Volume 553, May 2013
|Number of page(s)||6|
|Published online||17 May 2013|
Connection between dense gas mass fraction, turbulence driving, and star formation efficiency of molecular clouds⋆
Max-Planck-Institute for Astronomy,
2 Monash Centre for Astrophysics, School of Mathematical Sciences, Monash University, Vic 3800, Australia
Received: 7 March 2013
Accepted: 18 April 2013
We examine the physical parameters that affect the accumulation of gas in molecular clouds to high column densities where the formation of stars takes place. In particular, we analyze the dense gas mass fraction (DGMF) in a set of self-gravitating, isothermal, magnetohydrodynamic turbulence simulations that include sink particles to model star formation. We find that the simulations predict close to exponential DGMFs over the column density range N(H2) = 3−25 × 1021 cm-2 that can be easily probed via, e.g., dust extinction measurements. The exponential slopes correlate with the type of turbulence driving and also with the star formation efficiency. They are almost uncorrelated with the sonic Mach number and magnetic-field strength. The slopes at early stages of cloud evolution are steeper than at the later stages. A comparison of these predictions with observations shows that only simulations with relatively noncompressive driving (b ≲ 0.4) agree with the DGMFs of nearby molecular clouds. Massive infrared dark clouds can show DGMFs that agree with more compressive driving. The DGMFs of molecular clouds can be significantly affected by how compressive the turbulence is on average. Variations in the level of compression can cause scatter to the DGMF slopes, and some variation is indeed necessary to explain the spread of the observed DGMF slopes. The observed DGMF slopes can also be affected by the clouds’ star formation activities and statistical cloud-to-cloud variations.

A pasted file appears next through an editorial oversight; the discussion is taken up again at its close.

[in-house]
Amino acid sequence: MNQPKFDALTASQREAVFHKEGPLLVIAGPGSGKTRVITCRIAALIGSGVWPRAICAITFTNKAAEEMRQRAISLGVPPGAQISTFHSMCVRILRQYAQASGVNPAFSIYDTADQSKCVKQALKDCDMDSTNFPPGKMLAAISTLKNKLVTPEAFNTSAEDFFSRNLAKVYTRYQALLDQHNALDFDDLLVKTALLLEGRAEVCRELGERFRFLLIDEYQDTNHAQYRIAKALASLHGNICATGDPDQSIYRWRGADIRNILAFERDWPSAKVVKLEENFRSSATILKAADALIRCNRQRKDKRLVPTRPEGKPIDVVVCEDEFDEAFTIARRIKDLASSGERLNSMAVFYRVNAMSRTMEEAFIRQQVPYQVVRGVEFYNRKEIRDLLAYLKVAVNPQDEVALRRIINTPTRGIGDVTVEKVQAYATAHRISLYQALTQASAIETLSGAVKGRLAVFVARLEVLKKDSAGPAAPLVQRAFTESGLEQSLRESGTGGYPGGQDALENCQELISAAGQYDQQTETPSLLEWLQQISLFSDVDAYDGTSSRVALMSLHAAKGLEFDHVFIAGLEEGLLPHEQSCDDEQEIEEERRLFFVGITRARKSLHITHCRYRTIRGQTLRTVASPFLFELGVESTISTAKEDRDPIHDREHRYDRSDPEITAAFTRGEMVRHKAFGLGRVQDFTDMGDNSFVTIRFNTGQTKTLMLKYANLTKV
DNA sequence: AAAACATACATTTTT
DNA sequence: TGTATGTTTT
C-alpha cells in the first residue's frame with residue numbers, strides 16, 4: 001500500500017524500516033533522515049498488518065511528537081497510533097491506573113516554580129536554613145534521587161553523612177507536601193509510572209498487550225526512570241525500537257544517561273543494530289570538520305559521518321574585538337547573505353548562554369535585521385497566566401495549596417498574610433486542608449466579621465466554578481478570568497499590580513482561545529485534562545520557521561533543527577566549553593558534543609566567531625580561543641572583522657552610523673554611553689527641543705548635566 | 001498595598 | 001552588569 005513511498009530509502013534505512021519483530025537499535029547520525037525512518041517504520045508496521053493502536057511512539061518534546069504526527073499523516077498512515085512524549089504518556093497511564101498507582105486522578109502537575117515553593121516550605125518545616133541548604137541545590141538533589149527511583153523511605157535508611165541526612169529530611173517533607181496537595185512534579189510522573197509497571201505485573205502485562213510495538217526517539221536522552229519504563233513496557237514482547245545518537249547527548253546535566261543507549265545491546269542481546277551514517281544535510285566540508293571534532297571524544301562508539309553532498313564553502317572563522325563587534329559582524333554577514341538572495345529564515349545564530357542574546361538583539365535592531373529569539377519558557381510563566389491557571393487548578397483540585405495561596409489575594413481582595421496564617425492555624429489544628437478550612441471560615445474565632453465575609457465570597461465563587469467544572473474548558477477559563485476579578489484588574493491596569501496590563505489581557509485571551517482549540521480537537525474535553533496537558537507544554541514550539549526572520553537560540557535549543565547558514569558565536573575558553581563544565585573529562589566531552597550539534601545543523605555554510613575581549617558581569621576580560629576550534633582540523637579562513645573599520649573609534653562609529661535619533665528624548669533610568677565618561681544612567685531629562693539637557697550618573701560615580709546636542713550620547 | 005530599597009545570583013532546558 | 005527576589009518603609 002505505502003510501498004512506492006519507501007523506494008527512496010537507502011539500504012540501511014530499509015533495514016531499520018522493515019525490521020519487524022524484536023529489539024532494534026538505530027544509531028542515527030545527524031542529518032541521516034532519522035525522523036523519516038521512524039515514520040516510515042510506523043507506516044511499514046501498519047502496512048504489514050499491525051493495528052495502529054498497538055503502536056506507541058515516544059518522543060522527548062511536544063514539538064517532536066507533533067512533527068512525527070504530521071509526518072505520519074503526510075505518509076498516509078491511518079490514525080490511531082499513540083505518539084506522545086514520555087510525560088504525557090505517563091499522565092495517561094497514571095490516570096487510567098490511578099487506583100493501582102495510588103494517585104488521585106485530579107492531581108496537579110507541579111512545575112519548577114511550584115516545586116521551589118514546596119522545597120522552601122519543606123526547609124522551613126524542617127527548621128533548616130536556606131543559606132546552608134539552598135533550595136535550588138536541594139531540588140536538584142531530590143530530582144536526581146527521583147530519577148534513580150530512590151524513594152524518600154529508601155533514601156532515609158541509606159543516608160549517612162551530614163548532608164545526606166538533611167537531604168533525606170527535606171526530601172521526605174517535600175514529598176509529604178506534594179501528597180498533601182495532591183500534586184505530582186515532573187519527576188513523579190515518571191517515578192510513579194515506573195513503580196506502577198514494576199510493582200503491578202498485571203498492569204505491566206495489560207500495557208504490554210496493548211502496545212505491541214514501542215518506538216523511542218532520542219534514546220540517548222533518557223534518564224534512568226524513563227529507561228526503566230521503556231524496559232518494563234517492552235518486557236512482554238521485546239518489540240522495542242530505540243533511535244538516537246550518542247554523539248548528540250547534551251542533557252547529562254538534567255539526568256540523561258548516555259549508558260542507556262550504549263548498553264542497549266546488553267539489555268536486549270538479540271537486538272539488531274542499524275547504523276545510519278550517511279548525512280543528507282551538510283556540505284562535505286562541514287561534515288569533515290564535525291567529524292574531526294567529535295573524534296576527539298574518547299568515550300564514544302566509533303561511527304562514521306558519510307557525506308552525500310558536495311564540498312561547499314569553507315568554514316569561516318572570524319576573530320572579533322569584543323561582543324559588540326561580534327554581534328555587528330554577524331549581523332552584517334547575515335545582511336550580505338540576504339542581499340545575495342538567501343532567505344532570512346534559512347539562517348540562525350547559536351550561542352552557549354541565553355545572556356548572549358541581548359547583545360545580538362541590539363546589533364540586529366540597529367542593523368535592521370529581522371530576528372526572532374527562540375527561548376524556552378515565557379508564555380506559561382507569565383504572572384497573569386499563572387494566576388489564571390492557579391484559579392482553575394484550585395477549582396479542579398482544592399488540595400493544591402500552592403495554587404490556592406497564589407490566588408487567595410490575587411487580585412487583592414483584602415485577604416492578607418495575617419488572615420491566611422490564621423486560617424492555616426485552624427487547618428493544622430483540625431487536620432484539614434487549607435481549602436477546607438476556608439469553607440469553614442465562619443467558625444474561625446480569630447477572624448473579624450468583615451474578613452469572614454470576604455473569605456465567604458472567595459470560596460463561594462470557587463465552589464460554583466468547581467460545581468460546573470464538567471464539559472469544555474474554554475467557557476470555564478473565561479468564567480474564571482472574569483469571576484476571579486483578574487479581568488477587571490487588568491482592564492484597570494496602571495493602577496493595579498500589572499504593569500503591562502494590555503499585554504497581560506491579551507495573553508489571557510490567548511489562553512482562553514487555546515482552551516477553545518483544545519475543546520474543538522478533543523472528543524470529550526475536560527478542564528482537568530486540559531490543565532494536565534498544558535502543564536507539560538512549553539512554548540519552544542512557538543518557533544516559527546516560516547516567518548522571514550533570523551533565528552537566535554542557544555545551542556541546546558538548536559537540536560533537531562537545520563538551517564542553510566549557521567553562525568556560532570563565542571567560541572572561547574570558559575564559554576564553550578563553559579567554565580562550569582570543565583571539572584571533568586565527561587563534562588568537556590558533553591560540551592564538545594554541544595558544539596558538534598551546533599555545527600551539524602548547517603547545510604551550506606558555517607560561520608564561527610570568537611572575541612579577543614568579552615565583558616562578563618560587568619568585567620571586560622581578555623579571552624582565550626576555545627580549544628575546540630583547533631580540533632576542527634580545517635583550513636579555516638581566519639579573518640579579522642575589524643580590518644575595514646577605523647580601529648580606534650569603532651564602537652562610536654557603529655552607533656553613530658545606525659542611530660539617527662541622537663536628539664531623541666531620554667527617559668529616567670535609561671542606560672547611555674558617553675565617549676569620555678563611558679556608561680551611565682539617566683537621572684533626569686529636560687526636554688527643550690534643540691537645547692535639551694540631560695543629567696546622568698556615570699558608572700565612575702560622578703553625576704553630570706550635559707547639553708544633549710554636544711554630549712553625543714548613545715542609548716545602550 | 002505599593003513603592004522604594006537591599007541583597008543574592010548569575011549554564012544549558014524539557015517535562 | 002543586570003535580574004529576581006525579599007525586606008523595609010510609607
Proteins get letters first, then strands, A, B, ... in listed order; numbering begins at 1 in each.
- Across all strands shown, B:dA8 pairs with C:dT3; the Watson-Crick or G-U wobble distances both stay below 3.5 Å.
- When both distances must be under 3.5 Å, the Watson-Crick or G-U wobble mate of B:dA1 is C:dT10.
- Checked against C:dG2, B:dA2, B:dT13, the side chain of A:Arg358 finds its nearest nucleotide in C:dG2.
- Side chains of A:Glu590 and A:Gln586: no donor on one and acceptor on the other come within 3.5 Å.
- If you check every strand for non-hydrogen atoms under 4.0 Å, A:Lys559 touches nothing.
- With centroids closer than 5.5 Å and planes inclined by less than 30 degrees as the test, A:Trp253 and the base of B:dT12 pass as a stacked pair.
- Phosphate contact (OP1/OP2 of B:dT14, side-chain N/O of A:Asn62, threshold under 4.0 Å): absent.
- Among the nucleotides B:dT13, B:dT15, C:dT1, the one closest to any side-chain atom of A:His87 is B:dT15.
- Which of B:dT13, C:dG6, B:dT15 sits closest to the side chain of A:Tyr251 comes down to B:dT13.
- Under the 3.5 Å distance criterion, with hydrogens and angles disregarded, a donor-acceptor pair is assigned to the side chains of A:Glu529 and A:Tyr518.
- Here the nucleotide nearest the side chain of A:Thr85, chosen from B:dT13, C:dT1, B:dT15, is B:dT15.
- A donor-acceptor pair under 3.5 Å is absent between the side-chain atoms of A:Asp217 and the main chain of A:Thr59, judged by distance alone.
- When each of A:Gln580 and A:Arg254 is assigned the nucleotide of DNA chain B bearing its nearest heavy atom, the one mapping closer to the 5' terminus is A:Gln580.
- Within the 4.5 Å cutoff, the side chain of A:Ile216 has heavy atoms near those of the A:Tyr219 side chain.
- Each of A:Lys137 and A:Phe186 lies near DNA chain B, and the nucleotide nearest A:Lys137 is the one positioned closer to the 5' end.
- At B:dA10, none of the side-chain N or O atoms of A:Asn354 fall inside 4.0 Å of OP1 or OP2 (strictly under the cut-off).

Key words: ISM: clouds / ISM: structure / stars: formation / turbulence
Appendices are available in electronic form at http://www.aanda.org
© ESO, 2013
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